Just as when a union is required to show worker interest by collecting signed authorization cards from at least 35 percent of the workers in the bargaining unit, the workers need to collect signatures for the challenge to proceed—except that the burden is much higher as they must gain signatures of at least 50 percent of the workers in the bargaining unit. Furthermore, it is worth noting that most union constitutions have severe penalties for members who attempt to secede from the union. Once the “straw man” individual or organization has collected enough signatures, the employees can petition the NMB for an election, with four choices on the ballot: 1. 2. 3. 4. Incumbent union Straw man Write-in union No union

If “no union” receives more than 50 percent of the total votes cast, then the workers in that class and craft would become non-union. However, if “no union” receives a plurality of votes but not more than 50 percent, that would trigger a runoff election, with only the union and the straw man on the ballot. If the straw man choice wins the runoff, then that individual or fictitious organization could either not negotiate and make the class and craft nonunion or start collecting dues as the workers’ new representative.4 Decertification of a union under the RLA is so difficult that it has never been accomplished for a class and craft of more than 145 workers.5 The Fight over Delta. The 2008 merger Delta Airlines and Northwest Airlines, which created the world’s largest airline,6 set the stage for a major labor battle with potential ramifications that could extend well beyond this one company. The combination of Delta’s largely non-union workers and Northwest’s union workforce was bound to prove challenging. More than 50,000 employees voted on whether to unionize—the single largest private-sector vote to unionize since the United Auto Workers organized the Ford Motor Company in 1941.7 Employees voted against unionization in seven different elections. The first two elections took place under the old RLA rules. On March 1, 2010, Delta’s simulator technicians voted on whether to join the International Association of Machinists and Aerospace Workers (IAM). IAM lost after receiving only 40 votes out of 91 in the bargaining unit.8 Then, on March 5, 2010, IAM filed interference charges against Delta Air Lines with the NMB and was granted a second election.9 On September 20, 2010, the simulator technicians voted down IAM again, this time the union receiving only 18 votes and the write-in union receiving 23, thus falling well short of the 50 percent-plus-one needed.10 Then, in late 2010, came a quick succession of elections, all conducted under the new RLA voting rules. In every one, employees voted against unionization. On November 4, 2010, 94 percent of an eligible 19,877 flight attendants rejected unionization by the Association of Flight Attendant-Communications Workers of America (AFA). (This election was the first in which a union counted votes cast for “write-in union” as its own. In a news release, the AFA said it had gotten 9,216 votes, when in fact it had only received 8,786.)11 3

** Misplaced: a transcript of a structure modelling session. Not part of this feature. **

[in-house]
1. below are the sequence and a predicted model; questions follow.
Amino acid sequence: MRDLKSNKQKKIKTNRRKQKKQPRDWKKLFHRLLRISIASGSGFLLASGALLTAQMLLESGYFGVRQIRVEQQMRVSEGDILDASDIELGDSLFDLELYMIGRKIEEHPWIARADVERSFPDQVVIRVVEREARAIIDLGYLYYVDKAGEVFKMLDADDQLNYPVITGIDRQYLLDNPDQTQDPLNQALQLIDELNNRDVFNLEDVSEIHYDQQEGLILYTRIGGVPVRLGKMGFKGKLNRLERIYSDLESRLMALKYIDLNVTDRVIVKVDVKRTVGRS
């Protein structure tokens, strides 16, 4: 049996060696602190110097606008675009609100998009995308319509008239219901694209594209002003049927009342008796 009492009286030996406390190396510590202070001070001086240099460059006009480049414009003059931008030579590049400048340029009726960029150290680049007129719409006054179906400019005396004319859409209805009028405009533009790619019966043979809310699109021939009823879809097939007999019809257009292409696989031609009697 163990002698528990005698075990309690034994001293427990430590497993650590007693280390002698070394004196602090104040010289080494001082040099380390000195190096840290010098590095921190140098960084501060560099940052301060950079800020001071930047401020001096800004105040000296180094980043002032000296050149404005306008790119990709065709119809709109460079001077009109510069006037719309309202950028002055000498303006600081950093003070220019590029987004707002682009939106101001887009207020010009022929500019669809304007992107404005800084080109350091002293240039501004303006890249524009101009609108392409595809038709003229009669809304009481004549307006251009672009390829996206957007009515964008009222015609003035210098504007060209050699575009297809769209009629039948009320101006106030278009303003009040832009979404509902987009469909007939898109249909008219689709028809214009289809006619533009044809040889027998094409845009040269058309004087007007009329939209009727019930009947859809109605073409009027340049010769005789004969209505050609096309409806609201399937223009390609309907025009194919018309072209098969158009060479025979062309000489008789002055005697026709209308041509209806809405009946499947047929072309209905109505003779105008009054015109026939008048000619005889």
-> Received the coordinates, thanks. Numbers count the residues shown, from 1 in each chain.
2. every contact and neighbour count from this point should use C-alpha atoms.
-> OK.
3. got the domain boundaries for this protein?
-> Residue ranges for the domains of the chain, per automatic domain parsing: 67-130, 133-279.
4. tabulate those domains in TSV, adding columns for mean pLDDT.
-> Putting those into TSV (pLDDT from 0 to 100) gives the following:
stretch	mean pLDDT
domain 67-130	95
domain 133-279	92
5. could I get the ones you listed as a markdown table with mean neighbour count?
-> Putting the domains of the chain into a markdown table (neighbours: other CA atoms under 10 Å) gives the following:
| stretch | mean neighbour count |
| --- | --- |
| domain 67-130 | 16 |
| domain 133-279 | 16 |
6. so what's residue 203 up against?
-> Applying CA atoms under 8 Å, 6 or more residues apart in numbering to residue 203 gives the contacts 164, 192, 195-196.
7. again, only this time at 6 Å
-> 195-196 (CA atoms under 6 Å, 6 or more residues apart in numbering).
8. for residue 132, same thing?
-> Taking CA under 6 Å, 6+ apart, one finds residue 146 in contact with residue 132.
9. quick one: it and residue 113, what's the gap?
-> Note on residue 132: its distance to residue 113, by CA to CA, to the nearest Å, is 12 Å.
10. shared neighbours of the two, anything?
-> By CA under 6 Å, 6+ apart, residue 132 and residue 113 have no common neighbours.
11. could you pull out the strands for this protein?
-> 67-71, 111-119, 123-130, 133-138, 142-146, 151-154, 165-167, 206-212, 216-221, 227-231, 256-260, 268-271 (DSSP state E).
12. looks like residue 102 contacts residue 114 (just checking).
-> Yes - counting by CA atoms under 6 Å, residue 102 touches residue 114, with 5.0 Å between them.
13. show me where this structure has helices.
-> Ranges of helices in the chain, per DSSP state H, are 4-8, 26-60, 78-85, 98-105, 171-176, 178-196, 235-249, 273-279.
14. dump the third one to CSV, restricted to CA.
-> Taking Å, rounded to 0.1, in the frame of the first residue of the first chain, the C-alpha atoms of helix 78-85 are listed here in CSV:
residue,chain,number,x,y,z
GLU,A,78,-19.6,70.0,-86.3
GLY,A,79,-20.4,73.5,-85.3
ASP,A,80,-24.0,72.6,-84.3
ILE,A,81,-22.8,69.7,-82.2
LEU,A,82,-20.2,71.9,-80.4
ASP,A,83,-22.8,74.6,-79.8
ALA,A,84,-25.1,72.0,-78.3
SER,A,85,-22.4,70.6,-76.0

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On November 19, 2010, fleet service employees turned down the IAM, with 5,571 of the 13,104 eligible voters voting against unionization. The IAM received 4,909 votes, with the rest of the employees in the bargaining unit abstaining.12 On November 23, 2010, 439 out of 673 stock and stores (maintenance department plane parts inventory control) employees voted against joining IAM.13 On December 8, 2010 the 8,746 out of an eligible 15,436 passenger service employees cast “no” votes against union representation.14